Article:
The Preacher’s Daughter

I am not a product of my environment. I grew up in a traditional American family, attended private schools, and went to church every Sunday.
During my childhood, we moved quite a bit. I changed schools nine times by the time I finished high school. In spite of this, I was an honor roll student, cheerleader, and leader of my church youth group, but I learned to build walls at a young age in hopes of protecting myself from fear of rejection. Later on, drugs would strengthen those walls and turn them into a fortress. I didn’t know I would become a prisoner inside my own mind.
I left home at 18. I had never tried drugs, alcohol, or even smoked a cigarette. One year later, I was experimenting with anything offered to me. I tried weed, pills, ecstacy, lsd, and cocaine, and eventually methamphetamine. I used Meth every day for the next year and half after trying it once. I couldn’t hold a job down, and I lived place to place hustling drugs.

Everything came to an abrupt end with a positive pregnancy test. I managed to stay clean during the pregnancy and birthed a healthy baby. A few months later, I was using again, and my family gained custody of the baby.

A year later I was tired of the streets, I decided to get my life together, and I got married.
We had two beautiful children. I was a stay at home mom and housewife. Postpartum depression led me to seek a doctor’s care to “cope.” I began abusing my prescriptions. After eight years of marriage. I left. 
I was a functioning addict, raising my kids as a single mom, but pills weren’t enough anymore. So, I called up an old friend. I started using meth again. Every day.
My ex husband gained full custody of our children. I became homeless and an I.V. user.
I lived in my own personal hell, guilt ridden and hopeless of ever being anything but a junkie.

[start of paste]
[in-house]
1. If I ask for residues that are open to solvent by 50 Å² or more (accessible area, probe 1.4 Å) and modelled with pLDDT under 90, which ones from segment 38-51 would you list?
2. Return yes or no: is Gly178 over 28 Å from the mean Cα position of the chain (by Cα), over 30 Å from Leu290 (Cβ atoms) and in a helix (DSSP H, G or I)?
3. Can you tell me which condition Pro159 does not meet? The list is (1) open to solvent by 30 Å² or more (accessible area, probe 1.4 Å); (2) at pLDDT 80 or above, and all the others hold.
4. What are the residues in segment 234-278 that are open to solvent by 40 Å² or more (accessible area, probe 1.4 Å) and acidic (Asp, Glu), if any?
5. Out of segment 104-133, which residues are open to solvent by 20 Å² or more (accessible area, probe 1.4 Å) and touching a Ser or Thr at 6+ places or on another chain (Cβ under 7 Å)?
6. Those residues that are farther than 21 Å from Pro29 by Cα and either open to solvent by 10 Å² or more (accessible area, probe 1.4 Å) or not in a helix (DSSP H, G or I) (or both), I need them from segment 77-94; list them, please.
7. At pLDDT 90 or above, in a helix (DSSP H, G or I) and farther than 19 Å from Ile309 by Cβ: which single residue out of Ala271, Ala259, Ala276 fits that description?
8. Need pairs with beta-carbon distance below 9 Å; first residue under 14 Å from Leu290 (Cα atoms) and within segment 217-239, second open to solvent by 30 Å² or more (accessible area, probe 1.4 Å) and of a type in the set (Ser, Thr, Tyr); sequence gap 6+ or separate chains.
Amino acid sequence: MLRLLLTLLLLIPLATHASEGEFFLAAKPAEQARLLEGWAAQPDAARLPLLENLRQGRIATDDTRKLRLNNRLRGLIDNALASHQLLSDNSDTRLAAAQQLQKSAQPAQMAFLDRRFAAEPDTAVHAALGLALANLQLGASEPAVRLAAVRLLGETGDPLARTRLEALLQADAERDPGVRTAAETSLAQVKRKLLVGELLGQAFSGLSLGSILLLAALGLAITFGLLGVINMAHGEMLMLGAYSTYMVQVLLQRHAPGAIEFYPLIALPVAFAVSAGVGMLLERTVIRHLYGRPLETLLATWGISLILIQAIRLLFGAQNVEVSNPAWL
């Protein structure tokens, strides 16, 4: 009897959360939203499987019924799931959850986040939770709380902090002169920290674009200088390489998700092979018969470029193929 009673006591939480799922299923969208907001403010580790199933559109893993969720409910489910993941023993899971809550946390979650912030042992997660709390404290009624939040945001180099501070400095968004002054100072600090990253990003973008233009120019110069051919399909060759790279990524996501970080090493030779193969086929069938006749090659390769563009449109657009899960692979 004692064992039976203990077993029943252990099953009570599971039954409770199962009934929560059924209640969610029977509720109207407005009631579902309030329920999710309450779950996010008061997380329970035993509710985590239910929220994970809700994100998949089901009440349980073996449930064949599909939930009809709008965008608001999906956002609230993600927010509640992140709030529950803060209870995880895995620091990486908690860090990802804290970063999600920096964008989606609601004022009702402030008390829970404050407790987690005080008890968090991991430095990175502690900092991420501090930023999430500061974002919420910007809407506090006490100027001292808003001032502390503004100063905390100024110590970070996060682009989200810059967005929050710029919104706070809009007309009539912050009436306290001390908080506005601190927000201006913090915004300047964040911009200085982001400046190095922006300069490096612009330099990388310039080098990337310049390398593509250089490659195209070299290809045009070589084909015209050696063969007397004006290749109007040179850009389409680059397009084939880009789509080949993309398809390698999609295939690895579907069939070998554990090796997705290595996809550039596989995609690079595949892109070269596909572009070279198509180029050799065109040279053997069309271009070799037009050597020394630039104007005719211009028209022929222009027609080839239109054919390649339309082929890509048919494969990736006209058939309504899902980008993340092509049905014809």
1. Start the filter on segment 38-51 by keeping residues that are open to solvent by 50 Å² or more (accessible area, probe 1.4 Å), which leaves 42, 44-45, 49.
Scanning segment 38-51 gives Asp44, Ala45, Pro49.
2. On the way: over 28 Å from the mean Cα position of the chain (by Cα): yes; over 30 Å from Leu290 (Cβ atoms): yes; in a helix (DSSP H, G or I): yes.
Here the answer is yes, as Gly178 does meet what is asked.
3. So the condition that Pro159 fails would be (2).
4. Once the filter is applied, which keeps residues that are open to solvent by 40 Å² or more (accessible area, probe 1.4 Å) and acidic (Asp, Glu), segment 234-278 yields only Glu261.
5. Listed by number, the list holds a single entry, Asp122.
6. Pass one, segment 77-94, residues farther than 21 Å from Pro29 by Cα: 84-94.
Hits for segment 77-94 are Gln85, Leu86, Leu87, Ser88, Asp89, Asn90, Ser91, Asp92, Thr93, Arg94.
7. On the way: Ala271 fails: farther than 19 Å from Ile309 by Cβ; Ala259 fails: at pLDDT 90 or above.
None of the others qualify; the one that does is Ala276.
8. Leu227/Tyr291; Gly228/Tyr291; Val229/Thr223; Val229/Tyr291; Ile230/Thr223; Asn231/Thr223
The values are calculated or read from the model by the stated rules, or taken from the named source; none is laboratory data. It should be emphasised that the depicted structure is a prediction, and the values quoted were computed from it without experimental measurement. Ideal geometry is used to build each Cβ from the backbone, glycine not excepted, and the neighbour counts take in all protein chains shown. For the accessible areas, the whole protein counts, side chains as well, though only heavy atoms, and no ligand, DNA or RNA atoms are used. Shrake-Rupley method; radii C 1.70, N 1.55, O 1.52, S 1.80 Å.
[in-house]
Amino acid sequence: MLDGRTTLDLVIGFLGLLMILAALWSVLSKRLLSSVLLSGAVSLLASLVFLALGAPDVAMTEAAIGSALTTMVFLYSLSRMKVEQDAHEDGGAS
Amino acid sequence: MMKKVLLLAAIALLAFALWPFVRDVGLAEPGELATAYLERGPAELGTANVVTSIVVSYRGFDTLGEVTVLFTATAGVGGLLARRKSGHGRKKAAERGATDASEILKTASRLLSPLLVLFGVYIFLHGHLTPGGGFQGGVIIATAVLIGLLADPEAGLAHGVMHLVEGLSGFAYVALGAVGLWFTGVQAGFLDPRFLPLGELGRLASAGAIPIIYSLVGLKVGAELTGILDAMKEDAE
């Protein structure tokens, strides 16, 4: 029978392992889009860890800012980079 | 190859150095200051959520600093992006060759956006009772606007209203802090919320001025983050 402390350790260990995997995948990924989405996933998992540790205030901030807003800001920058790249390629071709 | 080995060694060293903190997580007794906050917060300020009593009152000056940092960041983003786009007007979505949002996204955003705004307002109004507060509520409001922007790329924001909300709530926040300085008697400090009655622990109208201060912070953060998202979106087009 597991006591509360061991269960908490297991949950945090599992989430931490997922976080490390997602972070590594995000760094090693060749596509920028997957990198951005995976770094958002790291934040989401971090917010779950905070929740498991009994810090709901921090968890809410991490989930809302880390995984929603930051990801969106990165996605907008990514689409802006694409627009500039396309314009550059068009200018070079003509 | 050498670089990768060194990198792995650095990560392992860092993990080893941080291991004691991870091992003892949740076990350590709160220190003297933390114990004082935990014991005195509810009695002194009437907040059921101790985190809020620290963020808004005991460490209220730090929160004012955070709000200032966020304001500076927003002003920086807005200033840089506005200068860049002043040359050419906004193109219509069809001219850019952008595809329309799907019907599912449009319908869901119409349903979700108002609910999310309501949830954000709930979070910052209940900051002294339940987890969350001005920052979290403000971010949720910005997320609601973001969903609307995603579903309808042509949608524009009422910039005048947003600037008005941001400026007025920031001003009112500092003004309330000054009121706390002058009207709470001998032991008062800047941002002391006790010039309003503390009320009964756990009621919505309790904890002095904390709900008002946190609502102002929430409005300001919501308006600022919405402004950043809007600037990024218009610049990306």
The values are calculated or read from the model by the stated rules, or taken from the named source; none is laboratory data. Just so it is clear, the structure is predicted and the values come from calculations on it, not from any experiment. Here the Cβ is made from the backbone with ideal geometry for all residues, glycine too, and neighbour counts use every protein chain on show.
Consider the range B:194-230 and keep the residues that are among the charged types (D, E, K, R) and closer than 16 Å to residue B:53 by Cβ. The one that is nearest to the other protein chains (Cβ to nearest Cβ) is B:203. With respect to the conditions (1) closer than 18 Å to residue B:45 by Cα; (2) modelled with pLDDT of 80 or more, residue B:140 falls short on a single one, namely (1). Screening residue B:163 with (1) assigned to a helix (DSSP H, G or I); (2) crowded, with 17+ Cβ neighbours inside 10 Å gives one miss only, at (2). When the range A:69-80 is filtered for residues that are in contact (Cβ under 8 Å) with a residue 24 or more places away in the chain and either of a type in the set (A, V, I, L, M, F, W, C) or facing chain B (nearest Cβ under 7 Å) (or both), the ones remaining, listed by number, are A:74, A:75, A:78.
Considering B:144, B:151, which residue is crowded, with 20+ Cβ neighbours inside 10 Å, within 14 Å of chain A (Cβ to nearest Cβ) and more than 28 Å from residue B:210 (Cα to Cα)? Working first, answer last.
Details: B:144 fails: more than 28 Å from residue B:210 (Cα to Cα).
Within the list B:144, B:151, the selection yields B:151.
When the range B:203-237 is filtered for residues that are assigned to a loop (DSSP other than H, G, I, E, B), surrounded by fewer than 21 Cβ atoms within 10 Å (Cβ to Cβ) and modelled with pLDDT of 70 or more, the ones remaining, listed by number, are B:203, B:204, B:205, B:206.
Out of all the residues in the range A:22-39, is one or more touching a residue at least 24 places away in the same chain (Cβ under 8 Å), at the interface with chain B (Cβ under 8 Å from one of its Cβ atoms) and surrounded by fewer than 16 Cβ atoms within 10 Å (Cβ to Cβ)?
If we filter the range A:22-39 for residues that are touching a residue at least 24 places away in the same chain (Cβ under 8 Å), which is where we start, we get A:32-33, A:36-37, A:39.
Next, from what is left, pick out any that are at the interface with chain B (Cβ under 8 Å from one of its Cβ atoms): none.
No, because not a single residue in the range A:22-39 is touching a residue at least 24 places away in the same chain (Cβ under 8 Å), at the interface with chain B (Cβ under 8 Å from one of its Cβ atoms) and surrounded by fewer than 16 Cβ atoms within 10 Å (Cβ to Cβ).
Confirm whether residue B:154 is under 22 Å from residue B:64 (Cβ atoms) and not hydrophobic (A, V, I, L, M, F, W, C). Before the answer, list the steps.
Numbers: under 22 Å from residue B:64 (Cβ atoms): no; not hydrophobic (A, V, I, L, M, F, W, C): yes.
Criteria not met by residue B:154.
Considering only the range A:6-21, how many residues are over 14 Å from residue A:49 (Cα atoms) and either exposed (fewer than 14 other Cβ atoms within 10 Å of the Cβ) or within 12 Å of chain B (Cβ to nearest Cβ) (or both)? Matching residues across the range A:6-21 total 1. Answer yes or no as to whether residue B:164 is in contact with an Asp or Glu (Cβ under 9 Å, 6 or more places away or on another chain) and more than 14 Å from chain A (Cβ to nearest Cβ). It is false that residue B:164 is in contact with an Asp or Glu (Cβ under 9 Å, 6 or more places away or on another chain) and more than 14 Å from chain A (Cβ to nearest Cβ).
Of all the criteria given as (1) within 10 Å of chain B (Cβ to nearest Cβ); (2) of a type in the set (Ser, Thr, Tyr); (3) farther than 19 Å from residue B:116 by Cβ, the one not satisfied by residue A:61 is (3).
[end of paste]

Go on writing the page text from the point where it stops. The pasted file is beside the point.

I finally reached out and asked my family for help. My parents sent me to a faith-based program that helped regain the strengths of my roots. I learned new ways to cope with everyday situations without drugs. I am now enjoying my new life in recovery, learning to depend on my Higher Power for strength, and learning to be a better mom.

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7 thoughts on “The Preacher’s Daughter”

  1. Thank you for sharing. I can identify with building walls and turning them into a fortress. I can also relate to the horrors of addiction. Although we took different roads we both wound up in the same place. Utter desperation and isolation became my life. I have been blessed to make it back from that he’ll and I thank God daily. Keep up the great work. Recovery works and I am convinced of that. Peace and Blessings.

    Liked by 1 person

  2. Congratulations on your new drug free life. Your story is very inspiring. I hope other addicts can read your story. And learn that Rehab is the only way to get clean and sober while learning a new lifestyle. Having the help with after care it is so very important for relapse prevention. I wish you the best in your recovery. It is great to read success stories like yours.

    Liked by 1 person

    1. The after care is so vitally important to me, I decided to go to school for Human Services. My hope is to work with Sober Living Homes to help people in that transition.
      Thank you! I always want to inspire and give hope.

      Like

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